menurut adat daerah ini
    according to the tradition of this region
  2. custom, habit
    dia memiliki adat yang buruk
    he has a bad habit
  3. law, rule
Synonyms
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Derived terms
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Etymology 2

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From Betawi adat or Javanese ꦔꦢꦠ꧀ (ngadat, troublesome, literally habit), cf. the same etymology as above.

Verb

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adat (used in the form mengadat or ngadat)

  1. (of vehicles, chiefly Jakarta) to stop to work, to have mechanical failure
  2. (Betawi) to sulk, to cry
Derived terms
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References

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Javanese

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Romanization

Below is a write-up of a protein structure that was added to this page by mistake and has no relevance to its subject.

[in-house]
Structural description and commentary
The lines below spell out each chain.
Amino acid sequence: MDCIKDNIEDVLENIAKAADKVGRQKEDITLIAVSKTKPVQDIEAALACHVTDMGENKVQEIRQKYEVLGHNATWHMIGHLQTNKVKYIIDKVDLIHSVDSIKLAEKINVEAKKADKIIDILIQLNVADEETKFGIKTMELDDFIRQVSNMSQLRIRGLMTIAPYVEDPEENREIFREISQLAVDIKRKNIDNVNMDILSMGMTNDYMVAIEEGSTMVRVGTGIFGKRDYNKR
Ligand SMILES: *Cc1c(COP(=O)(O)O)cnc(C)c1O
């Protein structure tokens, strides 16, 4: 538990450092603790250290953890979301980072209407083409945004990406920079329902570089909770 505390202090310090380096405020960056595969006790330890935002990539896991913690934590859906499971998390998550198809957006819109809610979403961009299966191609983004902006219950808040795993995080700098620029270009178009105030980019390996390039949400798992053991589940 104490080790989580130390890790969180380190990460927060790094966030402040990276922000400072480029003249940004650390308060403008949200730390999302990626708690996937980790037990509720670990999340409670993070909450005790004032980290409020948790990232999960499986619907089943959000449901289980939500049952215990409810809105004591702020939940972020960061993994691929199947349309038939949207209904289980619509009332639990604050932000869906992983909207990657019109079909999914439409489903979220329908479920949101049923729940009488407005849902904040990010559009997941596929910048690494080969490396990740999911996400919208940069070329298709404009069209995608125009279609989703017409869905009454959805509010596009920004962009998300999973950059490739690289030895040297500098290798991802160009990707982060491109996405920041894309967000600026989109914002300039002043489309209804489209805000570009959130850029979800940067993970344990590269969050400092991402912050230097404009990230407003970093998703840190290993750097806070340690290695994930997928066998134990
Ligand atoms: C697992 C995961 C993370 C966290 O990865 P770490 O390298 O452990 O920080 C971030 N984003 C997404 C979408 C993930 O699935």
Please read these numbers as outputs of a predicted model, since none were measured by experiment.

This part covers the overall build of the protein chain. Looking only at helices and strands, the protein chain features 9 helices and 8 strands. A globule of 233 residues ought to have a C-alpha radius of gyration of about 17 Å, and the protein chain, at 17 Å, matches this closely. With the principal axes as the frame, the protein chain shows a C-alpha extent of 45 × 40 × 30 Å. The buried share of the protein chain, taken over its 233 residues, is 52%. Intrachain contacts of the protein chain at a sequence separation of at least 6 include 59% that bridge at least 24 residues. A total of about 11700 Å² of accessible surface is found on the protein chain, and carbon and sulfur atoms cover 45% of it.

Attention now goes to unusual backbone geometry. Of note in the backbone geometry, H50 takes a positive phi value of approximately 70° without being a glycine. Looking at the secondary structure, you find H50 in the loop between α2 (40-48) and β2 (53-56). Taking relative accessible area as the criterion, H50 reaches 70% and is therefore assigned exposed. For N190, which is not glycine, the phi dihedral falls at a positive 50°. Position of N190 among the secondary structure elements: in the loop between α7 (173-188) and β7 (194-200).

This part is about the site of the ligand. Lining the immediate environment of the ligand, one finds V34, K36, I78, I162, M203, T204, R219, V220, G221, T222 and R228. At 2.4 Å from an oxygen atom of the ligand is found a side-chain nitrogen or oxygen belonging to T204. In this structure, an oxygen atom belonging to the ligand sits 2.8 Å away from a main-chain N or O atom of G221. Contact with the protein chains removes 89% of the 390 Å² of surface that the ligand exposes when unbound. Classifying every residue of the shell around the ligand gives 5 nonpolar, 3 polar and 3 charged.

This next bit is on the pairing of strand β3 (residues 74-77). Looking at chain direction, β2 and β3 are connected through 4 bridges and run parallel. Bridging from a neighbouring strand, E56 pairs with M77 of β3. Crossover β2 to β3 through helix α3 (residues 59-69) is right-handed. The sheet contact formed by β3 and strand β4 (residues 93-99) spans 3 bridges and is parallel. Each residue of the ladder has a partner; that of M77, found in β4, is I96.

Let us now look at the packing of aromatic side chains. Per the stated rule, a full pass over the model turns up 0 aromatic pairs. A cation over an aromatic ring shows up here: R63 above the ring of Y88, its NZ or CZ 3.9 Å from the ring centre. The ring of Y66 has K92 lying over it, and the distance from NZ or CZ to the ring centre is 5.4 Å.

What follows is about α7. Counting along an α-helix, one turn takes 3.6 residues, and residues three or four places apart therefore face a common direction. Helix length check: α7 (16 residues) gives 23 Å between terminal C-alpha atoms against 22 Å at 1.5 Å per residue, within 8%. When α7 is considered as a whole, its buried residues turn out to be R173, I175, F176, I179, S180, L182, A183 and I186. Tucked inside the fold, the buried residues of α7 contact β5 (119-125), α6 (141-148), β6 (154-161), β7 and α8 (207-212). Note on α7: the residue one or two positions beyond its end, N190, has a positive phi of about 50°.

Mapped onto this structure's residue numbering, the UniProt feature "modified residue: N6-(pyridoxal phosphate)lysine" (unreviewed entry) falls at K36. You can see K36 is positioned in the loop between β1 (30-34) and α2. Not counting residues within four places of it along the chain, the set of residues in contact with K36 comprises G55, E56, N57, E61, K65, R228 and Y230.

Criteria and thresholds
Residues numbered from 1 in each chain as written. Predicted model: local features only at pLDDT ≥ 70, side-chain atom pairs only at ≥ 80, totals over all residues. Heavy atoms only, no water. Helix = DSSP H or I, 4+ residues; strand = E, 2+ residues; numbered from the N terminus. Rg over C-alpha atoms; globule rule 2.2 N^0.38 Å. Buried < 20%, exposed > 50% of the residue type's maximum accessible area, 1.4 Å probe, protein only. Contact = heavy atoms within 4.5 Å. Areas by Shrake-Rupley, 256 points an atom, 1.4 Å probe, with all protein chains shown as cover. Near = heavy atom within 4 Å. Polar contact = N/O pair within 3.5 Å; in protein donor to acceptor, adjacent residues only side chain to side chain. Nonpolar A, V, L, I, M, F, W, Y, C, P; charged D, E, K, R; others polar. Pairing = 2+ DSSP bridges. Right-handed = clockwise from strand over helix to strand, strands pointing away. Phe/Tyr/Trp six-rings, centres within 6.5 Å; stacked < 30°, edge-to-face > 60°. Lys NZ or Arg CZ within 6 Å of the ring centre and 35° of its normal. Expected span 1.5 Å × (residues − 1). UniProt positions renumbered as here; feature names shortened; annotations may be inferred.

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adat

  1. Romanization of ꦲꦢꦠ꧀.

Kalasha

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Noun

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adat

  1. habit, custom, character

Malay

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Etymology

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From Classical Malay عادة (adat), from Persian عادت ('âdat), from Arabic عَادَة (ʕāda, habit, custom), from the verb عَوْدَ (ʕawda, to appurtain, to be proper).

Pronunciation

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Noun

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adat (Jawi spelling عادت, plural adat-adat, informal 1st possessive adatku, 2nd possessive adatmu, 3rd possessive adatnya)

  1. custom (Frequent repetition of the same act)

Descendants

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  • Indonesian: adat
  • English: adat